ITAKA, NY – Crop scientists have learned a lot over the years about how plants grow above ground, but much less is known about roots and their interactions with the soil. Now, a Cornell University project will develop worm-like robots that swim in the ground to sense and record the properties of soil, water, soil microbiome, and how roots grow.
The $ 2 million National Science Foundation (NSF) grant, led by lead researcher (PI) Tarin Bauerle, an associate professor of horticulture at Cornell College of Agriculture and Life Sciences, will focus on the plant and soil perspective.
Meanwhile, a $ 750,000 grant from the National Robotics Initiative to P.I. Robert Shepard, an associate professor at the Sybil School of Mechanical and Aeronautical Engineering at Cornell College of Engineering, will develop ground-breaking robots.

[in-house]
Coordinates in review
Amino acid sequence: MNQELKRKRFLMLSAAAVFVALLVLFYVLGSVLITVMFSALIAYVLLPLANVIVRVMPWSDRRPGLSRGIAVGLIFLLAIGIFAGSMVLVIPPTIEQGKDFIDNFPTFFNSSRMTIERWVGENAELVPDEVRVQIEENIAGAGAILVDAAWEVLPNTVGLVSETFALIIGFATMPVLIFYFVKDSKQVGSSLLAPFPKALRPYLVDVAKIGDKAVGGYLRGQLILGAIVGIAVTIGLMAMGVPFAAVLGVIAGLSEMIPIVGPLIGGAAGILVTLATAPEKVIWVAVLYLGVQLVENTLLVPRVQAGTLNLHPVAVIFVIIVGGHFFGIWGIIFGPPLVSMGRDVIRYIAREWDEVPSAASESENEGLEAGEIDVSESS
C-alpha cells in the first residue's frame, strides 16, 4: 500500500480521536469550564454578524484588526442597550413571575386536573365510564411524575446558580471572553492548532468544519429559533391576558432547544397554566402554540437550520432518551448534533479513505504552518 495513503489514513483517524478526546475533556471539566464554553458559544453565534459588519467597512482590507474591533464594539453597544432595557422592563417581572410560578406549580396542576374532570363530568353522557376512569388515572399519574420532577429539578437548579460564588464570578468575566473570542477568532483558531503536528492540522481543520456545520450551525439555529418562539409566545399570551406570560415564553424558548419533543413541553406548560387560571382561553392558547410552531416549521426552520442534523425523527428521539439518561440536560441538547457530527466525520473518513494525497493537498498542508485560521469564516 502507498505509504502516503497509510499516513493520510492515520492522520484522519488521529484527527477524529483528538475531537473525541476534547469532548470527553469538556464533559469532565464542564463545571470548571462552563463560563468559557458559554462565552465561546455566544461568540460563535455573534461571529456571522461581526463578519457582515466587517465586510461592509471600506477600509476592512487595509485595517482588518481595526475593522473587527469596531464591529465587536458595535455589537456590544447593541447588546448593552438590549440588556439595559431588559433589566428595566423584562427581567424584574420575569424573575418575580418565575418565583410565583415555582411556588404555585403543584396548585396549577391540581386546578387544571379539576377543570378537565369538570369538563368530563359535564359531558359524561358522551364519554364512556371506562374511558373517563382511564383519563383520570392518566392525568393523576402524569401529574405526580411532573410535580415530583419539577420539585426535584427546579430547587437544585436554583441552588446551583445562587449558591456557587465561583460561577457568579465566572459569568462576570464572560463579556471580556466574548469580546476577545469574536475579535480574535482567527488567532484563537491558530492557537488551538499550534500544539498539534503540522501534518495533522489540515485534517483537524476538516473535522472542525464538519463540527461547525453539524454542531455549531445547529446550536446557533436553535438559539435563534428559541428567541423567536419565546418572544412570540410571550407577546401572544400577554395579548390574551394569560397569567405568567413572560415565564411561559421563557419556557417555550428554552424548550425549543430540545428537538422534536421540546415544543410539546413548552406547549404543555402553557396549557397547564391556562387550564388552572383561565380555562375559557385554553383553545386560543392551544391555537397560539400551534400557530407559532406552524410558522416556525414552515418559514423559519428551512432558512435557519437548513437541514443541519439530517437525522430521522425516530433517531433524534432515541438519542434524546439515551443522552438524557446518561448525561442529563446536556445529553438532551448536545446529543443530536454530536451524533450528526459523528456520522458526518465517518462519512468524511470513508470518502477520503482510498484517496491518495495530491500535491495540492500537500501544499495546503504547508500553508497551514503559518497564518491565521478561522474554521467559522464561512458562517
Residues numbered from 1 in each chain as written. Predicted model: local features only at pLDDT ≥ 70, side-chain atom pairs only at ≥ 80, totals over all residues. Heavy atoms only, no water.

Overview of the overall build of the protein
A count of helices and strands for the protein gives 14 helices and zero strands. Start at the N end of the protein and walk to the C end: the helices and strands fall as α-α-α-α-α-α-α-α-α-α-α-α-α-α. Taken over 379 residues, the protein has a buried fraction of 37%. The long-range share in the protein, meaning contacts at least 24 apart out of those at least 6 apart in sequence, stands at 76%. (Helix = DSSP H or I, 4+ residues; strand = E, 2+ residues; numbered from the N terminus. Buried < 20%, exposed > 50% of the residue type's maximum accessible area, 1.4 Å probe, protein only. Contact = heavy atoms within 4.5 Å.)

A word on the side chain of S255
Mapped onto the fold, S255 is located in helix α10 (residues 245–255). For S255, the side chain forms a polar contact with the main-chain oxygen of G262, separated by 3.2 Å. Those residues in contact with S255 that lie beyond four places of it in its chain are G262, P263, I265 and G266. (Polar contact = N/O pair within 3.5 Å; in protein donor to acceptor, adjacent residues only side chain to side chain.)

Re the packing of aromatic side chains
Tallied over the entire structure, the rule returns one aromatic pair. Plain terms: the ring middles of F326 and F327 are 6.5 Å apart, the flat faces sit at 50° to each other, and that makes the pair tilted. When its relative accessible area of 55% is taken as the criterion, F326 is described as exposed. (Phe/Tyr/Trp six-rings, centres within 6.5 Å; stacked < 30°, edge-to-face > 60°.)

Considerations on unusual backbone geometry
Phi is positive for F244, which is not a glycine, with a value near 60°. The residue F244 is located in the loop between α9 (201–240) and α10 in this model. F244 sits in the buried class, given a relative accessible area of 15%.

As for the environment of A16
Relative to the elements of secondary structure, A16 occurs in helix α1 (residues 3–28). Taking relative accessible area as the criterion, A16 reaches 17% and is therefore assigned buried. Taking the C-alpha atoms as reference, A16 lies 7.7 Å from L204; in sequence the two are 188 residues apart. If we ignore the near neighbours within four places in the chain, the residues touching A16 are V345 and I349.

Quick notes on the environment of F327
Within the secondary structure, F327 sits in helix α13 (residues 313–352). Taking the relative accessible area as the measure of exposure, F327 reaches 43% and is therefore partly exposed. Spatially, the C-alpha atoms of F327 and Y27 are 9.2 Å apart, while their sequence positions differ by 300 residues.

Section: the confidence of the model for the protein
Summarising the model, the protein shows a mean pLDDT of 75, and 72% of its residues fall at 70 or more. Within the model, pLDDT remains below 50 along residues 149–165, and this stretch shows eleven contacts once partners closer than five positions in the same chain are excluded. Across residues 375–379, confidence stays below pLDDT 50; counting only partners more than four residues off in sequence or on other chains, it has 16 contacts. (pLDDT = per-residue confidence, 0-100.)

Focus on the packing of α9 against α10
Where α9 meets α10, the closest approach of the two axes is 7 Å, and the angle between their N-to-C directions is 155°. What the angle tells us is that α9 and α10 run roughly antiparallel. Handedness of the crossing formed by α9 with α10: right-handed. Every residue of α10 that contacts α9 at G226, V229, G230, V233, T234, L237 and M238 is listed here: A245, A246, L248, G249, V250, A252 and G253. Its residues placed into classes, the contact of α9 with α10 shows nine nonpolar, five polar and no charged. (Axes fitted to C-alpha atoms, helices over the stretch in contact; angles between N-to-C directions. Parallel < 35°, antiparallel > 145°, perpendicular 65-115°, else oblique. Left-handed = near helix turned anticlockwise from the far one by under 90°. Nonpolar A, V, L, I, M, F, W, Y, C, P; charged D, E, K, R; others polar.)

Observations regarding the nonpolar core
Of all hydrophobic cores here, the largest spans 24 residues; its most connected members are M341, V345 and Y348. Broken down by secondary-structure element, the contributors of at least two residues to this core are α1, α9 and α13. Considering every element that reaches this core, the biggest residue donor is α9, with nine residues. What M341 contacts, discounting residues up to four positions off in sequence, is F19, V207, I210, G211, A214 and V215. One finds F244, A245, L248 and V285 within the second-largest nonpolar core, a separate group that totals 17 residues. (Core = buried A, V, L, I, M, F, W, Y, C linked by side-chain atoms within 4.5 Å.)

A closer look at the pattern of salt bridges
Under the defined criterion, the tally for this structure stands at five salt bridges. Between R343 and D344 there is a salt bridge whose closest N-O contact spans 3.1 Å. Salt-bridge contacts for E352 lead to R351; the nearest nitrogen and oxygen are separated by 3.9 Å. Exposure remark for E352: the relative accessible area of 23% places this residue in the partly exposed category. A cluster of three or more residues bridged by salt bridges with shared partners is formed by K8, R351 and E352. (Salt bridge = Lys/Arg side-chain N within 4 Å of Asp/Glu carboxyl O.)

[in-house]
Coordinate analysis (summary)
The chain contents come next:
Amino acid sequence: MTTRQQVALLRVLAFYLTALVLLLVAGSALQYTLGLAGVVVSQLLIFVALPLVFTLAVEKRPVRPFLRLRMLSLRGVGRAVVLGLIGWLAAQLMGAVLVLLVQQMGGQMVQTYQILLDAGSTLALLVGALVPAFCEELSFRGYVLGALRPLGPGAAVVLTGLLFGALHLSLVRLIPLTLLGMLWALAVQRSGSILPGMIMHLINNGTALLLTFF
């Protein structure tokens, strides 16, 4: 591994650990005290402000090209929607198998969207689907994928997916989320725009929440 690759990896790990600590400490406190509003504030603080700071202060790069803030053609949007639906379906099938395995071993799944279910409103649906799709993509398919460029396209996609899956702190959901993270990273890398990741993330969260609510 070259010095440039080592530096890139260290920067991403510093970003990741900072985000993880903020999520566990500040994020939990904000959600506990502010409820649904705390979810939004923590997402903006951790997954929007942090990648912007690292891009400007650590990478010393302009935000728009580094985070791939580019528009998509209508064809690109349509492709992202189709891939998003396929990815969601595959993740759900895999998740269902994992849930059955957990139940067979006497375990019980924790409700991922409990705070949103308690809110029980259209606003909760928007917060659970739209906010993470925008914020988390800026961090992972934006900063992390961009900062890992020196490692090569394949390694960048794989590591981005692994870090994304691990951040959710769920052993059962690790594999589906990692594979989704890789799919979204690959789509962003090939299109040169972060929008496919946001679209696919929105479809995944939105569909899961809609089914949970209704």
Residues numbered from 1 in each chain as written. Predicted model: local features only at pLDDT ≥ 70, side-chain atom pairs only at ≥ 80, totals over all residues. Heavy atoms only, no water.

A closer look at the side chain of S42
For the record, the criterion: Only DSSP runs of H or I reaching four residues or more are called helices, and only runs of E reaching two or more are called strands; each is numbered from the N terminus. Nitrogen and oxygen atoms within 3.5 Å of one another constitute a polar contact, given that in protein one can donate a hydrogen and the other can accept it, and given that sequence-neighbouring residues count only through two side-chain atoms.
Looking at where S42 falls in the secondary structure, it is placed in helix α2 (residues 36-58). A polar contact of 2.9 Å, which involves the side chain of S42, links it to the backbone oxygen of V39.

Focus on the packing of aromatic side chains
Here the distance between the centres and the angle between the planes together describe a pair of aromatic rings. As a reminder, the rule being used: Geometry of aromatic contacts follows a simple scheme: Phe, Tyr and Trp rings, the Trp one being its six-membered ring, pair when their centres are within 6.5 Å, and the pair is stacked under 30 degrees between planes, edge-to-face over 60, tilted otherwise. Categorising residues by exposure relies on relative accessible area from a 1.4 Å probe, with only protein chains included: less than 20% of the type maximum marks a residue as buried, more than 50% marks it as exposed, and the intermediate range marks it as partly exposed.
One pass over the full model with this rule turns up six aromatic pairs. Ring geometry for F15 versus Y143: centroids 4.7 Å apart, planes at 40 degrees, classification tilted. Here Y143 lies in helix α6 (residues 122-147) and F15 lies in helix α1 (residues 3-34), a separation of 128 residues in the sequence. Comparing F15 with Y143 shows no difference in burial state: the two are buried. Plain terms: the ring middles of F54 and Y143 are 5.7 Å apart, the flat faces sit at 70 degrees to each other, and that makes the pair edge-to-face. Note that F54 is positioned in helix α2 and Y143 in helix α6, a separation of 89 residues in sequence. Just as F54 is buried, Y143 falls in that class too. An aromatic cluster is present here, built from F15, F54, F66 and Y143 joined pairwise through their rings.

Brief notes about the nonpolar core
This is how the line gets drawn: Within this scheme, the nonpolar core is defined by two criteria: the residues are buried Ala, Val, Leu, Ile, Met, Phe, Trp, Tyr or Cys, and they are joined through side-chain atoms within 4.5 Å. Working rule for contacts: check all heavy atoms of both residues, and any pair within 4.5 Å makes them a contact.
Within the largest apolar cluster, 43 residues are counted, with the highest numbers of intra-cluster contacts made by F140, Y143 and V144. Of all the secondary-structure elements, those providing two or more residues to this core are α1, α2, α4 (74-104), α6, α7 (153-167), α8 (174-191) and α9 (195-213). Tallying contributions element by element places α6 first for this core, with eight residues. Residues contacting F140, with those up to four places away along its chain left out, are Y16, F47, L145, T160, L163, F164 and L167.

The project will focus on corn, with the ultimate goal of including root growth factors to improve breeding and soil management efforts that directly affect food productivity and safety.
“We are planning to develop new tools so that we can use the underground environment of plants and soil in a way that allows us to shine light in a black box with plant-soil interactions,” Bauerle said.
The team will develop 1 to 2 foot worm-like robots that mimic how a drill drills into the ground, combined with a peristaltic motion that mimics how worms move through soil.
Another goal of the project will be to assess how plants can respond to the effects of climate change, such as water availability. Root growth measurements, factorized by environmental data, can provide insight into how roots grow based on external conditions, such as drought.
“This is really the next frontier in plant biology,” said Michael Gore, a co-PI project professor of molecular reproduction and genetics. By quantifying underground characteristics, researchers can then identify relationships with above-ground characteristics, Gore said.
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